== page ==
When I was 11 years old, my dad told me I had a sister. As it started out, I did not think much about it. Due to the surprise that my mom was pregnant, my parents knew that more money was needed. So mom went back to college and became a teacher. It took a few years. Because of the need, I was the one who took care of my sister. From changing the cloth diapers, and the innumerable times I stuck myself with those pins, to making formula and feeding her, my love for her grew as I watched her develop from a 18-inch baby to a speaking young girl. We were as intertwined as much as possible, and our love and respect for one another grew proportionately.
When she was a month away from her 17th birthday, she was upstairs, finishing her homework. She had gotten up to go downstairs and taken a few steps toward the stairs when she was struck in the left hip by a bullet fired from a Lee-Enfield rifle. This bullet traveled through four walls and then struck her. The house was empty, and the blood trail was showing that she was heading to the phone. She died in a few minutes. She died alone, bleeding out. When my folks came back from talking to the neighbors, they found this beautiful young girl lying on the stairway in a pool of her blood.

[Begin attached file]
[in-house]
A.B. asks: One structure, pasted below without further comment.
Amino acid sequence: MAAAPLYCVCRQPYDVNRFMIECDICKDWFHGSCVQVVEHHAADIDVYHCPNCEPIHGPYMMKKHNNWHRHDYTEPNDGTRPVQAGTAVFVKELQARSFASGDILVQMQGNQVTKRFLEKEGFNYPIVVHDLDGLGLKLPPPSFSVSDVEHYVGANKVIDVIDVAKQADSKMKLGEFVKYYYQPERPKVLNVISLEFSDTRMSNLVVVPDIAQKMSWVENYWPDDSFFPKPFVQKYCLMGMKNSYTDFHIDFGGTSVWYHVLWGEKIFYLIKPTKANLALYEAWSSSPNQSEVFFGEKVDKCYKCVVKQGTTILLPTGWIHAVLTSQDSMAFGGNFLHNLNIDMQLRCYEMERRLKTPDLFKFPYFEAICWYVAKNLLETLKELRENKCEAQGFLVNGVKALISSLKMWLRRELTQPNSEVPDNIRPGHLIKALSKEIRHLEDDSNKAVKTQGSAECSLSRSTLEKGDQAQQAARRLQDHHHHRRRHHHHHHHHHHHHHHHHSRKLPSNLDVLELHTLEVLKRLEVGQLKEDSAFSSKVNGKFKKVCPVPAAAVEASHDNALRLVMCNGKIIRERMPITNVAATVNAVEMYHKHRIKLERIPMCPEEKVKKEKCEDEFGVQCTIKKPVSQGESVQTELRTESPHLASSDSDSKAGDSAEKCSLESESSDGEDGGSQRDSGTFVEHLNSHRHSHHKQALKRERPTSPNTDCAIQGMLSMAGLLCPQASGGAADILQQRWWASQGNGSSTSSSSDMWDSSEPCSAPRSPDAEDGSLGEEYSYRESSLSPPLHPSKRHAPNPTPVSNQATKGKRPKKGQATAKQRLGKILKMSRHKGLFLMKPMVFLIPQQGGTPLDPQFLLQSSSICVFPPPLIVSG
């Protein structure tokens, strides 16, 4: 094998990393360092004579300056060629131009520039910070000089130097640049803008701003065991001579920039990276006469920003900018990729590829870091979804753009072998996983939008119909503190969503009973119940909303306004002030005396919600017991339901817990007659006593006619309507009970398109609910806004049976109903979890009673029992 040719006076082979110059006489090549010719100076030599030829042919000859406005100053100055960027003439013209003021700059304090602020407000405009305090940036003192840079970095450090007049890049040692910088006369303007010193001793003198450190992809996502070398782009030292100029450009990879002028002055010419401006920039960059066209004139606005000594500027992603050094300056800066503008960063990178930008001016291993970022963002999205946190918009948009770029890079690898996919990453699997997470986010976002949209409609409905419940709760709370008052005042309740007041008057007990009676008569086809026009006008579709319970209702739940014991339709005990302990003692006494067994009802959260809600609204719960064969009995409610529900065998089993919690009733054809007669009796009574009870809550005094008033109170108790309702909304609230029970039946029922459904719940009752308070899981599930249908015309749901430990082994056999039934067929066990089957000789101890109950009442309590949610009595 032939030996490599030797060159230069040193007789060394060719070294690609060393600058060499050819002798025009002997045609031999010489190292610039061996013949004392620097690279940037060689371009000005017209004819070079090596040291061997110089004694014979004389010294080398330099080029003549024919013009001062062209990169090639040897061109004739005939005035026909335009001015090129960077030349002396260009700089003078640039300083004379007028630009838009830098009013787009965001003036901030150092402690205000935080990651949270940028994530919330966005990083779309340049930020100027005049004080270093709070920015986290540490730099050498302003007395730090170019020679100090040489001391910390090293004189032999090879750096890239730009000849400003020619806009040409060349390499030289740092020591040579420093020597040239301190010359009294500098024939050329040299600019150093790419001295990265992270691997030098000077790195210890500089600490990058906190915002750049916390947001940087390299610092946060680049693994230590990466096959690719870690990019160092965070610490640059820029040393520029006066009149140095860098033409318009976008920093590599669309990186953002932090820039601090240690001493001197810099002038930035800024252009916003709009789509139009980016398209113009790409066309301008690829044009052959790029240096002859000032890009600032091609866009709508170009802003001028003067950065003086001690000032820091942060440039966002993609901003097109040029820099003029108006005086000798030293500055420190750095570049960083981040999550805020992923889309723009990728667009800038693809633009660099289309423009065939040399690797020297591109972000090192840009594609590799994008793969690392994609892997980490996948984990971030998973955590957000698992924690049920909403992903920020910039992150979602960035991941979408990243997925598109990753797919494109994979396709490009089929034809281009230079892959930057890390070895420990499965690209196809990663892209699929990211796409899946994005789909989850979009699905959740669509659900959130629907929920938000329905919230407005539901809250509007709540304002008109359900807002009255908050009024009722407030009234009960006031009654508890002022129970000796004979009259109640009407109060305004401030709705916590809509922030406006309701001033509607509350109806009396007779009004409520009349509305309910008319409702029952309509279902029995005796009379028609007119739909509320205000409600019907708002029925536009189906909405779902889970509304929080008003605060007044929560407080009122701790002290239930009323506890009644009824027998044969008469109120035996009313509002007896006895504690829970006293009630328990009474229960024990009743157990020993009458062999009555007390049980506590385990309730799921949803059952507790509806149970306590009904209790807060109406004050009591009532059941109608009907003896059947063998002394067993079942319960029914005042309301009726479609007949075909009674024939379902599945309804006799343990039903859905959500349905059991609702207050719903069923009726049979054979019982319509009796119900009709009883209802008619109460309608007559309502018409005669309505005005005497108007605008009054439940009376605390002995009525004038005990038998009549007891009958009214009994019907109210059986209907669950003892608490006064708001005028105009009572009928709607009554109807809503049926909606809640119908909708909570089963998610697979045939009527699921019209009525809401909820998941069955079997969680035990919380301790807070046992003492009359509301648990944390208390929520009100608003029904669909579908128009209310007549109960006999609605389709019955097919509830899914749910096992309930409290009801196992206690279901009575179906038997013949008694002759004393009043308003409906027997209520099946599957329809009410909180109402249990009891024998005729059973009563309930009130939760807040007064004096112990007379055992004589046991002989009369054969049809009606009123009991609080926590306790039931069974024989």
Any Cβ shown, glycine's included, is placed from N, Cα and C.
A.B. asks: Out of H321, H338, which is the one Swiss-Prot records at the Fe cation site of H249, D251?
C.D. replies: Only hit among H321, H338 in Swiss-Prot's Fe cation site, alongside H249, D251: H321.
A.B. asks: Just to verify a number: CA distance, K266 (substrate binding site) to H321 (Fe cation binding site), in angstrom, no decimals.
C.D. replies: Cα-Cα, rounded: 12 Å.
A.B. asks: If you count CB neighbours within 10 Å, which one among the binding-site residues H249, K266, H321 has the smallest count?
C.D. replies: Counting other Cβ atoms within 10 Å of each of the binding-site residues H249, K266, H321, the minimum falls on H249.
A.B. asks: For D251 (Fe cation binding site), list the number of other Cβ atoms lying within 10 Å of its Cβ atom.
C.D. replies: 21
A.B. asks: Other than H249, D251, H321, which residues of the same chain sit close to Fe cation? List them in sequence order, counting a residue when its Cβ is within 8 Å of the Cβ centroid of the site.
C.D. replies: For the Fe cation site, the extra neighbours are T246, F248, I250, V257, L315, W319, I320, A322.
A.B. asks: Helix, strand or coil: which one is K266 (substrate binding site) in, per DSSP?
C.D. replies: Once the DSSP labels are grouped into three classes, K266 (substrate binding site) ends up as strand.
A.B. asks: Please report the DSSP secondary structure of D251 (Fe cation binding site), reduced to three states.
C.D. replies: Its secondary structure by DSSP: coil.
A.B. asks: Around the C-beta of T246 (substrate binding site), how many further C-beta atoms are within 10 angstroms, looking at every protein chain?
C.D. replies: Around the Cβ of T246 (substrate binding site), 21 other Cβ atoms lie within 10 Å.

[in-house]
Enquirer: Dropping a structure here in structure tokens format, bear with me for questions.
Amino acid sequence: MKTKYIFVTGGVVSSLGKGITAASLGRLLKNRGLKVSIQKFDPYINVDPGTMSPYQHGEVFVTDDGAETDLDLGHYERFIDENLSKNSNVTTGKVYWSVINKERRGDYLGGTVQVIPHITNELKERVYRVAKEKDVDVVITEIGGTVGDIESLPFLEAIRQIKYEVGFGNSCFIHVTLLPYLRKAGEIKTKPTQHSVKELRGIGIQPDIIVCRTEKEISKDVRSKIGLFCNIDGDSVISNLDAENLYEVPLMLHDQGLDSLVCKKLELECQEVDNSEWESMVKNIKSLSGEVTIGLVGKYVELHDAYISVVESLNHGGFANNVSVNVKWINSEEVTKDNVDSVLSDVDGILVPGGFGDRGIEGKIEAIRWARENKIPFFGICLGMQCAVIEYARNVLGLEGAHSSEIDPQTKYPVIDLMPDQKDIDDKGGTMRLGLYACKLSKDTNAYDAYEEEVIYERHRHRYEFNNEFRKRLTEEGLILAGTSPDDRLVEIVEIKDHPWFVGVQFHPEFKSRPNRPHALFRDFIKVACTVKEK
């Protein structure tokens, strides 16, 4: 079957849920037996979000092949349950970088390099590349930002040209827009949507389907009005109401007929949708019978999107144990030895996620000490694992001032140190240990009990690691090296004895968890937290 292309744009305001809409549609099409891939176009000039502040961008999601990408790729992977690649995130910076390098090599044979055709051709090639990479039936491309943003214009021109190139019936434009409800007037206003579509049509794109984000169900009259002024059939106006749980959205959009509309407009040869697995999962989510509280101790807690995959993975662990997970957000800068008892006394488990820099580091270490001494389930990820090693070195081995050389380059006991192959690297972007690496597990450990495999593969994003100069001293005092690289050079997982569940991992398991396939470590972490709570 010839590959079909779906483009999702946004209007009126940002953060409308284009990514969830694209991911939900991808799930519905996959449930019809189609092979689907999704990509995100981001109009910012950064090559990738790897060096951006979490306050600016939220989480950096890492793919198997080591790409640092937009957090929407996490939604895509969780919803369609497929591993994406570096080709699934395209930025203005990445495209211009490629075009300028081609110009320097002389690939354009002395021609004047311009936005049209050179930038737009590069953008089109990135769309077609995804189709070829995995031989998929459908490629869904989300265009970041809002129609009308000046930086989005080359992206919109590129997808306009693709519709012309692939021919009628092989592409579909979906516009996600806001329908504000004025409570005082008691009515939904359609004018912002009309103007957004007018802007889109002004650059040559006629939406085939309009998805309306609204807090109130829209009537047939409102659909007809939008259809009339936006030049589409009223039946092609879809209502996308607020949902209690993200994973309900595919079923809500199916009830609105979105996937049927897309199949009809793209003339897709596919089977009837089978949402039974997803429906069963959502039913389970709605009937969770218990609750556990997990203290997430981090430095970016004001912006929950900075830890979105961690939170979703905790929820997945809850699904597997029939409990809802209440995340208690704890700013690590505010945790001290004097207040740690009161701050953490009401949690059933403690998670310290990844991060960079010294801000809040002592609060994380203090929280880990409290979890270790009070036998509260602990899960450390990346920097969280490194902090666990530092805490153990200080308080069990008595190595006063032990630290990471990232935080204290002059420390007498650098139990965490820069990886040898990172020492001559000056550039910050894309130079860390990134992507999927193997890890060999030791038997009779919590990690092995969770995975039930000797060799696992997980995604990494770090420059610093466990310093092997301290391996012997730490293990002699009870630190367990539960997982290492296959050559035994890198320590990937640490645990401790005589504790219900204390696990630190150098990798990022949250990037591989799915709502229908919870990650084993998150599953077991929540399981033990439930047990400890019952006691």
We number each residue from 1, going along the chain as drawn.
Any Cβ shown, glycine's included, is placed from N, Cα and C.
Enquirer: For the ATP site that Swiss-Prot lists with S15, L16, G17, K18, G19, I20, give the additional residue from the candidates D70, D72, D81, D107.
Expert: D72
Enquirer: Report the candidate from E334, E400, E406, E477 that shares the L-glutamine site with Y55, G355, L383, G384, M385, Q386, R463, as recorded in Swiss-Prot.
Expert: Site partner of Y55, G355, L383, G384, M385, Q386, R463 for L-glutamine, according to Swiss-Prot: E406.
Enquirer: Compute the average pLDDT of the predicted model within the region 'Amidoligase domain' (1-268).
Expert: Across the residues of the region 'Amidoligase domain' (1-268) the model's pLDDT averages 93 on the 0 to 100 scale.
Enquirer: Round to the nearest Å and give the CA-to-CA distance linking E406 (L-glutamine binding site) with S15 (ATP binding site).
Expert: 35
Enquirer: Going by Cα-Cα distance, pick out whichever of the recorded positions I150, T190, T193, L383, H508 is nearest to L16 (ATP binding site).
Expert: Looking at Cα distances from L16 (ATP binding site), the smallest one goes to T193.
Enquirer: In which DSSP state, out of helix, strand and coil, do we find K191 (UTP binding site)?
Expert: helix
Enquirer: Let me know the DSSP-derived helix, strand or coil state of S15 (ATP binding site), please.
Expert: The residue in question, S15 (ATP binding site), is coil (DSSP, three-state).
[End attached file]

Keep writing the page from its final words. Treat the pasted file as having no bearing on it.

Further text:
That bullet killed three people that day. My mother gave up the will to live and died not long after, and I never saw my father laugh again. The irresponsible 17-year-old boy walked away, never owning up to the fact he murdered my sister. I am still saddled with the burden of losing more than words can describe. Guns kill people, and the guns are operated by people. So I think that there should be changes to the law. And if asked, I believe I could offer a way.